Not really a smartphone story but with all the talk on iPhones etc… I thought we’d inject something a little different.

 

A landlady in Portsmouth England who was was taken to court after using a Greek satellite service to broadcast football matches in her pub and took her case to the European court of Justice (ECJ) has won. Karen Murphy subscribed to the Greek service for 118 pound sterling a month instead of the Sky fees of 400 sterling per month. She used imported decoder cards to unscramble the signal. She was initially fined 8000 pounds but following a court decision yesterday she has won her case. The ECJ stated that national laws that prohibit the sale or use of foreign decoders are contrary to the freedom the EU offers for sale of goods and services and cannot be justified.

The full ruling is here:

http://curia.europa.eu/jcms/upload/docs/application/pdf/2011-10/cp110102en.pdf

 

While the ruling is great for people who are at home using their own foreign bought decoders the court also stated their concerns for copyright law in relation to broadcasting these decoded signals in public areas, such as public houses.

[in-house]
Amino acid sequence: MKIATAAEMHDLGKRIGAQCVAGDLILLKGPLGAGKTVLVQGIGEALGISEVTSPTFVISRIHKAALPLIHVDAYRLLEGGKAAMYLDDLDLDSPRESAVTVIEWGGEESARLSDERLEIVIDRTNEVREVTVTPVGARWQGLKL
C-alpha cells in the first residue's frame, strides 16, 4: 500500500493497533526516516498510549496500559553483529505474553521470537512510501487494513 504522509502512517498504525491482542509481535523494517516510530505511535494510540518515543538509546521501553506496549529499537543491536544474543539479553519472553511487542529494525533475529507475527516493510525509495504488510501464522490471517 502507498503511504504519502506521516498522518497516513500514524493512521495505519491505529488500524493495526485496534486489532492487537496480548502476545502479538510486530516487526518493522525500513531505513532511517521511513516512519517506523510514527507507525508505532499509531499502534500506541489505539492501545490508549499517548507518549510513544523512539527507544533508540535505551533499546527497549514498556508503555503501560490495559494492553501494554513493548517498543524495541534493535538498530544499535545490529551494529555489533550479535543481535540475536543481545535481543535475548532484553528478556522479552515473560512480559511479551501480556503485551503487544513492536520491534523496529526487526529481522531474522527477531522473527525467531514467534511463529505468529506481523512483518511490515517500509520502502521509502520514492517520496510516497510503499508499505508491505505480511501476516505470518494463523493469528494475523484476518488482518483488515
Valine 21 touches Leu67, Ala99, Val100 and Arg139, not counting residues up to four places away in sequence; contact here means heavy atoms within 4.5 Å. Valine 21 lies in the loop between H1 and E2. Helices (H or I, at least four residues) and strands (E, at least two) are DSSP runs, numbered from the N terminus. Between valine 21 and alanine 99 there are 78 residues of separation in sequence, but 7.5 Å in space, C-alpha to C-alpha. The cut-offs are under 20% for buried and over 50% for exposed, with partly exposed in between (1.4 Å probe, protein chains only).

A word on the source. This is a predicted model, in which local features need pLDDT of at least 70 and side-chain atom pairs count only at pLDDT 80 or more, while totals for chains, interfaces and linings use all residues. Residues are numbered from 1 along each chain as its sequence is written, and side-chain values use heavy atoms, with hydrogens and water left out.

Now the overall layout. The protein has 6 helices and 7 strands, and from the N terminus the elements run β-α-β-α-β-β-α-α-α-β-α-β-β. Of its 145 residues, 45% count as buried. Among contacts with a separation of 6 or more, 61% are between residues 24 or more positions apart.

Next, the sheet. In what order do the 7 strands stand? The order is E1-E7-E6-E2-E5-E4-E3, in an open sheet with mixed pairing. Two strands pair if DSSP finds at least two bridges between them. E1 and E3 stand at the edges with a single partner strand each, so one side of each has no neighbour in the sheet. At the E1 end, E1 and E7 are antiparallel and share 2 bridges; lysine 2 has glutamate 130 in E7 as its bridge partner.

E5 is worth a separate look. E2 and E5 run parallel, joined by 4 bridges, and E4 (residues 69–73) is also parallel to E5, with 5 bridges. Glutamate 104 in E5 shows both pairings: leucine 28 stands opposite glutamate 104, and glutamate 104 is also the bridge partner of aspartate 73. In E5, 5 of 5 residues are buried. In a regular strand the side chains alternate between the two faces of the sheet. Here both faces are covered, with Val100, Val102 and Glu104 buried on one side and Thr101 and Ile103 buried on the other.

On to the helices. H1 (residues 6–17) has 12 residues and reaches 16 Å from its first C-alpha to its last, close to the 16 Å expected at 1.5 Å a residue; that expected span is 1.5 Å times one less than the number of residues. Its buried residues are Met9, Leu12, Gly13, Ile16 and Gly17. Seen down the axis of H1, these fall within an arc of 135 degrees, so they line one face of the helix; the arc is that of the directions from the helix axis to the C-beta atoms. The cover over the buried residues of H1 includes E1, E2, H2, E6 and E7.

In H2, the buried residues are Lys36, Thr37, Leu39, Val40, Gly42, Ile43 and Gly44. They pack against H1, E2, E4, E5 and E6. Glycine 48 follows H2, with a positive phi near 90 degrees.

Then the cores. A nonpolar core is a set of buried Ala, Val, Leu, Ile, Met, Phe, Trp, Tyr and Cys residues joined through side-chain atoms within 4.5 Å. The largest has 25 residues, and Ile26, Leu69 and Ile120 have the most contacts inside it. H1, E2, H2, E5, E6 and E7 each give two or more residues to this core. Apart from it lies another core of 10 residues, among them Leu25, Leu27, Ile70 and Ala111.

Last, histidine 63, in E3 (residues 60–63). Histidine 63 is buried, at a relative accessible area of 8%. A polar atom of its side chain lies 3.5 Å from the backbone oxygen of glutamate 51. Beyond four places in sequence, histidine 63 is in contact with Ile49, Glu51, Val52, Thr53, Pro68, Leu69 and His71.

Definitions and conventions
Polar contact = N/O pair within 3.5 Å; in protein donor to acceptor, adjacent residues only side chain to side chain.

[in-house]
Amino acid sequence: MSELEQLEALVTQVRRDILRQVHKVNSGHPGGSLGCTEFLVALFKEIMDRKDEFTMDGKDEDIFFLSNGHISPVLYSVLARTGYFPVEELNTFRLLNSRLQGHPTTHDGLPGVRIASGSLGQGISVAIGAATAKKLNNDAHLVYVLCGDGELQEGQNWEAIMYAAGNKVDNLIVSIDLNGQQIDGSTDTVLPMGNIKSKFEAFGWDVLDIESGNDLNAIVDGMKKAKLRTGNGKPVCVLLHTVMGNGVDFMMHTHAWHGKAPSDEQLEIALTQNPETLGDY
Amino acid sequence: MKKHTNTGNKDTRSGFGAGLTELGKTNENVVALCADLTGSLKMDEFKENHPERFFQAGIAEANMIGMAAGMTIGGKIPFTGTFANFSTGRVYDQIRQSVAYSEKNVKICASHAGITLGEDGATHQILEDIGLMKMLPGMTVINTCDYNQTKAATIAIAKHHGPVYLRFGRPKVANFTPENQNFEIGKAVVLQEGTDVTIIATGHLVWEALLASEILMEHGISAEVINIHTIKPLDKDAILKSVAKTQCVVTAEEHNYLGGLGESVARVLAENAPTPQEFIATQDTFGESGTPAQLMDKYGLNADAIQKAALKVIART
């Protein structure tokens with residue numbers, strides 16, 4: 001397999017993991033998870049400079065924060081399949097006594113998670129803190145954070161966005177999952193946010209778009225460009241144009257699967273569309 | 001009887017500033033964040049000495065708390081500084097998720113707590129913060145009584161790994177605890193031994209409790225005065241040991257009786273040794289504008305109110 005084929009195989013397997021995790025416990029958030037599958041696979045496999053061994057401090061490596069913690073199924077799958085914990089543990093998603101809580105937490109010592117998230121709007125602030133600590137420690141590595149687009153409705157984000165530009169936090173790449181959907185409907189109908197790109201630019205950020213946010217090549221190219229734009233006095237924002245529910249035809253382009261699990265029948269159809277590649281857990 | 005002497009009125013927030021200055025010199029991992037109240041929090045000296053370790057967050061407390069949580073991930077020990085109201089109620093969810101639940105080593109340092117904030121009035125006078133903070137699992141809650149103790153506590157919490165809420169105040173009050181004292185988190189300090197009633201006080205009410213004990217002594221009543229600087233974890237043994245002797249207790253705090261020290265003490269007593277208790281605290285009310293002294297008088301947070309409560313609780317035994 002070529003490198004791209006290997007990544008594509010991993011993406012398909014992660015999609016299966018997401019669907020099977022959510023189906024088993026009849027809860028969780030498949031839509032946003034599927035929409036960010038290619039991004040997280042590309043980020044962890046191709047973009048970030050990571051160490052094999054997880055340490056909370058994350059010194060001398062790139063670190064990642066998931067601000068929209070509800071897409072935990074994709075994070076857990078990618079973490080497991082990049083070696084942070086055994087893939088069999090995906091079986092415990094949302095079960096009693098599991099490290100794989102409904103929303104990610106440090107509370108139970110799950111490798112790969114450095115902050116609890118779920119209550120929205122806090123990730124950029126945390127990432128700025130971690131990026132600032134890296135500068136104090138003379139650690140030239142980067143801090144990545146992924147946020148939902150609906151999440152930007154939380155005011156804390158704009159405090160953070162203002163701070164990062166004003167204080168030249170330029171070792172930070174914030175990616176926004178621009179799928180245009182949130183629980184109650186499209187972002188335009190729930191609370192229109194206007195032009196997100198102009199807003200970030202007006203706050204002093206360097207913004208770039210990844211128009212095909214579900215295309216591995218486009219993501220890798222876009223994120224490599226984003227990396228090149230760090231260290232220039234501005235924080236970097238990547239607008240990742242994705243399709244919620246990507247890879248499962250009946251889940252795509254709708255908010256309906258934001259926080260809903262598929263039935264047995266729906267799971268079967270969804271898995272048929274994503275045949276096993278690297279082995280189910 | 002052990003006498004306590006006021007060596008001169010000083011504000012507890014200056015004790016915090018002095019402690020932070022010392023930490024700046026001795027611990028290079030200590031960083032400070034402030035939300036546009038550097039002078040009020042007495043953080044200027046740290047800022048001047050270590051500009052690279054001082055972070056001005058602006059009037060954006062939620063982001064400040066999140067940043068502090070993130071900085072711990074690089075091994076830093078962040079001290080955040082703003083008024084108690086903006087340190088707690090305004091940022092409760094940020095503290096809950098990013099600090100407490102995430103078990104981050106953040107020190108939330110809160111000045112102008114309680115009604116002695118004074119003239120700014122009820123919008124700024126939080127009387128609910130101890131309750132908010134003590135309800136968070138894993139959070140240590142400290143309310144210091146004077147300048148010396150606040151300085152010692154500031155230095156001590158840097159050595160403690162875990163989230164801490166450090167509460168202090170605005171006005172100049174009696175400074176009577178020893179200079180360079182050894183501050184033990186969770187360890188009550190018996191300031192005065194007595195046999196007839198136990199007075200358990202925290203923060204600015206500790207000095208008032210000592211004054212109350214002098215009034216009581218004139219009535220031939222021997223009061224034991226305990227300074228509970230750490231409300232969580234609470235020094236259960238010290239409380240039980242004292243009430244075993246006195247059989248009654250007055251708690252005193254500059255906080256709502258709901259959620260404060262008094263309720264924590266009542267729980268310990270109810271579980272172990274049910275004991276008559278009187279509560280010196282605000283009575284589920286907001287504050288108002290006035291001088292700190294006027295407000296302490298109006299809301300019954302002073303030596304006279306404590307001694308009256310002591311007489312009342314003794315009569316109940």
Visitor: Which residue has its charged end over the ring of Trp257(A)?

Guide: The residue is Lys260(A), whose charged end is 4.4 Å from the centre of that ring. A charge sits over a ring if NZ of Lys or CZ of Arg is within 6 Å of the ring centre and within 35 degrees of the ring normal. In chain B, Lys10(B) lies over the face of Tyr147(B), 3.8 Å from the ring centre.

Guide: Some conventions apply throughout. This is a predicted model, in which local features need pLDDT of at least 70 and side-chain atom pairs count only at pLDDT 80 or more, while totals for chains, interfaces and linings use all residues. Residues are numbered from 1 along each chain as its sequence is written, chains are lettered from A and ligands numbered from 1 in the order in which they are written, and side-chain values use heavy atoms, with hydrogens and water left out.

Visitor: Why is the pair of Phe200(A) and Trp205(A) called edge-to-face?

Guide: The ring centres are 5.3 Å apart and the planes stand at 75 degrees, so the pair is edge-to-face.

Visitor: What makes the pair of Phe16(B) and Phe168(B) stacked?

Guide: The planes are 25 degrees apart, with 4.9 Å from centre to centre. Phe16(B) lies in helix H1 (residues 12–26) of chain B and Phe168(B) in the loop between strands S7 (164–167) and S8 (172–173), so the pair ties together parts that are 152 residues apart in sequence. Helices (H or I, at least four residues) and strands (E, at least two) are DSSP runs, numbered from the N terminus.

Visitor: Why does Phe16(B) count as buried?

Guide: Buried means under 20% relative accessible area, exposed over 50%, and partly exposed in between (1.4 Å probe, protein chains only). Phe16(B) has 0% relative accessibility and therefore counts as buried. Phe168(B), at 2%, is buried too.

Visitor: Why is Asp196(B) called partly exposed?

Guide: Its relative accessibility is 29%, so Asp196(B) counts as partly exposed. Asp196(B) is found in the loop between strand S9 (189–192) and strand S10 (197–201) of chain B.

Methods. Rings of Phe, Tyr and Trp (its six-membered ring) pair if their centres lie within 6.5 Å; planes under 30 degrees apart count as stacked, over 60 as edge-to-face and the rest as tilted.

The ruling has really caused a major upset for the Premier league, who make substantial money from selling the tv rights to media corporations such as Sky. The ECJ did state that matches cannot be copyrighted since the Premier league don’t own them but anything prior to the match such as a film would be copyrighted and not viewable in a public house without a special license. It may be possible for the pubs to show the match from kick off only.

 

The ruling may have other impacts to cross border pricing within the EU (thinking here of iTunes). Watch this space.